EARInterview: RON HEGLIN by Loren Means
LM: but you didn't want to become a jazz musician yourself?
RH: No, I didn't want to play in that context. As I said I couldn't find a context in which I wanted to play. I stopped playing in 1958, and didn't start playing again until 1969. I listened to rock, but I also heard the birth of New Music scene here, with Pauline Oliveros and Morton Subotnick. In 1965 I saw Stuart Dempster play John Cage's "Solo for Sliding Trombone" at the Dancers' Workshop in San Francisco. In the late Sixties I went to Europe and listened to some ethnic music in North Africa. Then I moved to Seattle, and it turned out Stu Dempster was living up there. I went to a concert of his at the University, and he played Robert Moran's piece where he rolls around the stage in a bag while playing. The exuberance Dempster showed, the spiritual approach to the instrument, came through to me. So I picked up the trombone again, and started studying with him, and did that until I left Seattle eight months later.
LM: What did Dempster teach?
RH: he gave me buzz-lip exercises, which were important for me because I hadn't played in eleven years. he also stressed the quality of blowing, getting enough air through the horn and getting a clear passage. he also stressed Yoga and Tai Chi and breath control. I found those disciplines very important, not only for the body but psychically--they wash away a lot of negativity.
LM: Were you interested in the theatrical-conceptual context Dempster played out of?
RH: No. I responded to his energy and independence and voice amidst all of the traditional roles that it was possible for a trombonist to occupy. I haven't played any of the kind of music Stuart plays. I haven't had an inclination to get together the standard repertoire.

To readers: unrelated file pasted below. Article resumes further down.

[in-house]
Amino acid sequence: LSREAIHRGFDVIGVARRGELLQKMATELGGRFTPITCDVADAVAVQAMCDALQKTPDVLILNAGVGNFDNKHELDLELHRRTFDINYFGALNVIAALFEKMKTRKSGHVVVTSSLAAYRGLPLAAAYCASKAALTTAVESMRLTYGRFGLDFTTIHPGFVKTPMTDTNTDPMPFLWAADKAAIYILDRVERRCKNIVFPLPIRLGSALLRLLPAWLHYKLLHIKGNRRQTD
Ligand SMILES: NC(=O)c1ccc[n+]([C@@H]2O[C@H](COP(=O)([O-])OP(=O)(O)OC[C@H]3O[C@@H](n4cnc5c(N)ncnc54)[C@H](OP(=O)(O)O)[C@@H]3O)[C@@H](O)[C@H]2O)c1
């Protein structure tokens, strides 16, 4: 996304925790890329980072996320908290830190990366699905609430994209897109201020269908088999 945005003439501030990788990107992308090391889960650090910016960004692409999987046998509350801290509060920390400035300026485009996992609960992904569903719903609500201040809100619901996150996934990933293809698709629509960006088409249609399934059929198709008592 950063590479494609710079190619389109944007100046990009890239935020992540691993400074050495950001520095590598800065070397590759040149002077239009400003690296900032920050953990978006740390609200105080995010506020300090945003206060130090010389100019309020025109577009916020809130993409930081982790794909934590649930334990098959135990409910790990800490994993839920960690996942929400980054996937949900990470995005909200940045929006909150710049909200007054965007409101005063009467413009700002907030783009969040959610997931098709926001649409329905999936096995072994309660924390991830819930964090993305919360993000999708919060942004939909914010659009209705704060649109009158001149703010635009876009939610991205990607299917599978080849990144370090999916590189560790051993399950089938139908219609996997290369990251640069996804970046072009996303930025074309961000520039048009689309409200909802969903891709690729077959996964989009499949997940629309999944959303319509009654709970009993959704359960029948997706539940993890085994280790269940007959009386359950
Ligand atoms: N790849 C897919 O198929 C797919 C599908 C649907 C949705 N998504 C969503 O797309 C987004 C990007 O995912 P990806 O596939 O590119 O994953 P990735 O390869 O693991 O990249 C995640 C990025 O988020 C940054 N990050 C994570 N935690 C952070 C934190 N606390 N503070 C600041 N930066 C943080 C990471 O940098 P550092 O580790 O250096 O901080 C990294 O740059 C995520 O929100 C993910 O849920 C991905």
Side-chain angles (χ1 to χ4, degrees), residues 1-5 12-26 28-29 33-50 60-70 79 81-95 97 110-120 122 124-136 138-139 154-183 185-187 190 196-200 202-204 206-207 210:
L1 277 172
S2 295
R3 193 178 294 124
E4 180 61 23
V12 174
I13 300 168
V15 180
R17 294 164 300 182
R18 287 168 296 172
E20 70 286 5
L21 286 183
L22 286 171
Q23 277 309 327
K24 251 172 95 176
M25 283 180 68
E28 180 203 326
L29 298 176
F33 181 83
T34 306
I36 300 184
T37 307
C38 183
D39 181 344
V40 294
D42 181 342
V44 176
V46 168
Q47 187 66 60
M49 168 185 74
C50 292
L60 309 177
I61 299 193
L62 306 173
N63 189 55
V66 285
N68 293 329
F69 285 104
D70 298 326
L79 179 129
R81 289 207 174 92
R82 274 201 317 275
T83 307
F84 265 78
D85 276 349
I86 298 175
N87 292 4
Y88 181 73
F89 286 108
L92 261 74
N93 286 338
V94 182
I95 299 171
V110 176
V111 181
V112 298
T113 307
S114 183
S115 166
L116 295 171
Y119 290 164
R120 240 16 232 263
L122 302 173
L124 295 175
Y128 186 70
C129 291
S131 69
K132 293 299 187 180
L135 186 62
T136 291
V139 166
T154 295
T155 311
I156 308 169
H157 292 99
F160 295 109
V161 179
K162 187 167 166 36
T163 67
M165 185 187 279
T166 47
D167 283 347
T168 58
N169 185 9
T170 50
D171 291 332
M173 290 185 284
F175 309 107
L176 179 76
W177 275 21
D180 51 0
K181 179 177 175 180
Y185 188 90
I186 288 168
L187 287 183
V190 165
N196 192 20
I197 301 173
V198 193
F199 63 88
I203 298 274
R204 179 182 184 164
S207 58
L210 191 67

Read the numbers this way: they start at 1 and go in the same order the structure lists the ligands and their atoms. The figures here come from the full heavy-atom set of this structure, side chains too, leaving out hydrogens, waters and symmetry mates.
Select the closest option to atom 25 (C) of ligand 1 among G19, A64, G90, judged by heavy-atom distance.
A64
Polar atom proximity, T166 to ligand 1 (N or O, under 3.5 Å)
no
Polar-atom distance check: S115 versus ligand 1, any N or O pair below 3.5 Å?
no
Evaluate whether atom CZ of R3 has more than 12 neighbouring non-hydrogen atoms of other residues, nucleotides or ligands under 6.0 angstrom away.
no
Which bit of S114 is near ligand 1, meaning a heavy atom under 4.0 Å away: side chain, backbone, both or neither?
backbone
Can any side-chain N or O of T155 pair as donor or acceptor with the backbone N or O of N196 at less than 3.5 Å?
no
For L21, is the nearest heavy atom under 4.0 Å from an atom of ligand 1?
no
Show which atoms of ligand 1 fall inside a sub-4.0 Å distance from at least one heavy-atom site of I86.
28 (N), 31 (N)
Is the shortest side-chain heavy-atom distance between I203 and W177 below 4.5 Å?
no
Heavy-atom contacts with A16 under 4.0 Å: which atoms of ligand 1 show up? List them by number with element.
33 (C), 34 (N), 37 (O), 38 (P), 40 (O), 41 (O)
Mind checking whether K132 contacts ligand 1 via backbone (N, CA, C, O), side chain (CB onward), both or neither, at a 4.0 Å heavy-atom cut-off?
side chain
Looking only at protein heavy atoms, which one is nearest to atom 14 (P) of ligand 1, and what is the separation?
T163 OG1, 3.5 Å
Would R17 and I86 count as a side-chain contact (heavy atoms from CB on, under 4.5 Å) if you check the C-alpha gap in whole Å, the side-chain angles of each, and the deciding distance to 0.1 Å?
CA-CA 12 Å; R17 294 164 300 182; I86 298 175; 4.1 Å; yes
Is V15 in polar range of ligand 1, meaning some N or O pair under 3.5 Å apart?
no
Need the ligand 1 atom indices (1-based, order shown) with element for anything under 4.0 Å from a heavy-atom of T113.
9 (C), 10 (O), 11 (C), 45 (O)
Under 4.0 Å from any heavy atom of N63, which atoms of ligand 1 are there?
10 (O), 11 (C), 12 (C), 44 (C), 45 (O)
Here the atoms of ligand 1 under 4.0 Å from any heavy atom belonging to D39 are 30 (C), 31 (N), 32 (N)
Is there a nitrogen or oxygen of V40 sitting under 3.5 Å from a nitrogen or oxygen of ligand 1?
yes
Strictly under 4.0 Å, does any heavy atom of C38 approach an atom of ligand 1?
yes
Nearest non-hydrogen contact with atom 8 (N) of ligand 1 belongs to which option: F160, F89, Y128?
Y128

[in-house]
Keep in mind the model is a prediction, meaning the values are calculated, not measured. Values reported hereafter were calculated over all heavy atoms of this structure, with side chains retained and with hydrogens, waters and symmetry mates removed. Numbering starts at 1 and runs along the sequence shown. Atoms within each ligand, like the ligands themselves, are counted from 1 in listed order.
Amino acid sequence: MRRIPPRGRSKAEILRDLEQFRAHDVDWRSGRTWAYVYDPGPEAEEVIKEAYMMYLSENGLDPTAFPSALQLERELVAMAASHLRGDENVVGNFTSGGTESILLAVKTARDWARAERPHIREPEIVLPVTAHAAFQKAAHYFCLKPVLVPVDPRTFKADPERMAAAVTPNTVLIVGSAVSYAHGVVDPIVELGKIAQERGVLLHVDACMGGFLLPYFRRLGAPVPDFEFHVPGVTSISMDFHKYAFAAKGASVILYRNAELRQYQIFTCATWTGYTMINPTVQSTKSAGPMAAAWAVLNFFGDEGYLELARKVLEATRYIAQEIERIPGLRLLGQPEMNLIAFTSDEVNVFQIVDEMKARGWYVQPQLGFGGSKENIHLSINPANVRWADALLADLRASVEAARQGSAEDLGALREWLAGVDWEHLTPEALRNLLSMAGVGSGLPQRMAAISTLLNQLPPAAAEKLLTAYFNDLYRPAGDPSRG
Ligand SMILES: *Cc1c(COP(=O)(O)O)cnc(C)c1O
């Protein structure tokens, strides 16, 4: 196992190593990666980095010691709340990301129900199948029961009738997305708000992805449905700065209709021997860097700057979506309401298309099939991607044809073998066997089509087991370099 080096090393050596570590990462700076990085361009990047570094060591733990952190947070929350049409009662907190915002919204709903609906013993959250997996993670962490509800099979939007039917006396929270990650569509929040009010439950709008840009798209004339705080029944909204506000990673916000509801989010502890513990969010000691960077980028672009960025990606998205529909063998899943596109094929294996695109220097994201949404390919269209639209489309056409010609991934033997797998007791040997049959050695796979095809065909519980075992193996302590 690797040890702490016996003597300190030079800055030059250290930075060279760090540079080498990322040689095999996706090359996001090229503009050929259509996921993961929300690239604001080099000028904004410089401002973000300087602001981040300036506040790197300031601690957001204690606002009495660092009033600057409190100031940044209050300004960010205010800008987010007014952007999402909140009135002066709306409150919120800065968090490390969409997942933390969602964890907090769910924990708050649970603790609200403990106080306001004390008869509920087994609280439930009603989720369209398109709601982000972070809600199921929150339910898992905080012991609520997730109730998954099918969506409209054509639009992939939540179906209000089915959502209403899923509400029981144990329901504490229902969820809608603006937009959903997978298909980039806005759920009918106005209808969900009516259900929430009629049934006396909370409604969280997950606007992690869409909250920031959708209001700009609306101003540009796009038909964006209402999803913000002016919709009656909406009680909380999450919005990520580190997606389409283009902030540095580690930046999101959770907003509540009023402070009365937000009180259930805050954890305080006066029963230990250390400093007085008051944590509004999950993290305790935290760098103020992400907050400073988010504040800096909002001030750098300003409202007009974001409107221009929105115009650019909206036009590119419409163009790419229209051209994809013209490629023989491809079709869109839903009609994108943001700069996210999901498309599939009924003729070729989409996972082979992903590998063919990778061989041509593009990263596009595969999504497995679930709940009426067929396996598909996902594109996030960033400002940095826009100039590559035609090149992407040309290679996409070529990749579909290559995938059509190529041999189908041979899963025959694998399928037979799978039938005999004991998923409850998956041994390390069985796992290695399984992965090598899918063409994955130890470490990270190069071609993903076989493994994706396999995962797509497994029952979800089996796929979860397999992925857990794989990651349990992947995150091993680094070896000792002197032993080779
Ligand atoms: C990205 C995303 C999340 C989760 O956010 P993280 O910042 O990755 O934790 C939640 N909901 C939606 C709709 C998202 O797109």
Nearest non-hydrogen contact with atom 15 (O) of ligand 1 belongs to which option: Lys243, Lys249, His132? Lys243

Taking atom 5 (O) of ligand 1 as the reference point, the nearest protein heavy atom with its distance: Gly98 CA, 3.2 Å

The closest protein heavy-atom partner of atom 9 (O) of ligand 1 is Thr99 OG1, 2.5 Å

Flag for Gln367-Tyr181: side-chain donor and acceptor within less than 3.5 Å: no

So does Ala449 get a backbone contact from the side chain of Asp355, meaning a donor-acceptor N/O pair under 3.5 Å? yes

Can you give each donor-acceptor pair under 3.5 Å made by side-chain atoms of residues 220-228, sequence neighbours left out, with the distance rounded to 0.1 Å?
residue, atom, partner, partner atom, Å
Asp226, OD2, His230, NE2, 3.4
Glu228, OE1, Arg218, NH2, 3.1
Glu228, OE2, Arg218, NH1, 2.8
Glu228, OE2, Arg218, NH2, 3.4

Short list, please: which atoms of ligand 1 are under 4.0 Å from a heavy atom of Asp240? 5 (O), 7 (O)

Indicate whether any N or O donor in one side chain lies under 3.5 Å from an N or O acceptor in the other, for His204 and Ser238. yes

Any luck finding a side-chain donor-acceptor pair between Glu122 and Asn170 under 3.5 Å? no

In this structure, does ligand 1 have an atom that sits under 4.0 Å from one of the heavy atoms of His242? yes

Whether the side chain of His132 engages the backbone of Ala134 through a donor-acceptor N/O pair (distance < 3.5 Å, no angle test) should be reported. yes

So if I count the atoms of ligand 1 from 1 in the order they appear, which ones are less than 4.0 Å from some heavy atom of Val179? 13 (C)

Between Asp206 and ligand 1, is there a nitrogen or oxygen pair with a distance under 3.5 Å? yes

LM: So when you came back to the Bay Area you were playing again but still didn't have a context you identified with...
RH: That's right. I had my eyes wide open, and I took a synthesizer class, even though I didn't even own a tape recorder, let alone a synthesizer. I met Paul Kalbach there, and we started jamming on synthesizer and trombone. We played some concerts and some performances on KPFA, in 1972, and this was the first situation in which I'd done free improvisations with anyone. And I guess that was what I'd been looking for. It was exciting because it seemed to allow a trombonist to scan tonally and timbrally over wide ranges and to move very fast. It allowed a liberation of energy that I hadn't felt before. I never failed to get really high in those encounters, and I felt like I was really playing things on the instrument that were meant to be played on it. It seemed to be what the slide was made for--I'd play microtonal things, and I did very little tonguing.
LM: So the context you'd been looking for all along turned out to be Free Music?
RH: Yes, although it wasn't defined as a context then. This was before the Blue Dolphin and Pangaea opened. In 1973 I met a group of people at a party and we all had our instruments, so we started playing. They were Sybl Glebo, Erv Denman, Kay Sato, and Jim Guzzetta. And it was like a musical home, for all of us. We began playing together every week, and called ourselves Music for All Occasions. And as far as we knew, we were the only group playing that kind of music in the Bay Area. We were playing homemade instruments, and we were using instruments from other cultures, koto and cheng and Indian flutes. And I felt in that period that I had to learn the instrument right from "A". I had to adapt my playing to achieve softness with presence and multiple voices through timbre or through moving so fast that the afterimage of the note before is still in a person's mind so that you get an illusory kind of density that seemed to be suitable to play in that kind of context. That group still performs, and because it relies on each person's energy being clear and each person being able to relate personally and being in their own space musically in a very competent way, it works. It's a non-power relationship that's very precious to me. p.9
LM: Do you find much audience support for your free improvisation?
RH: The audiences are small and are more of a ritual situation for other musicians and a few friends and aficionados. p.10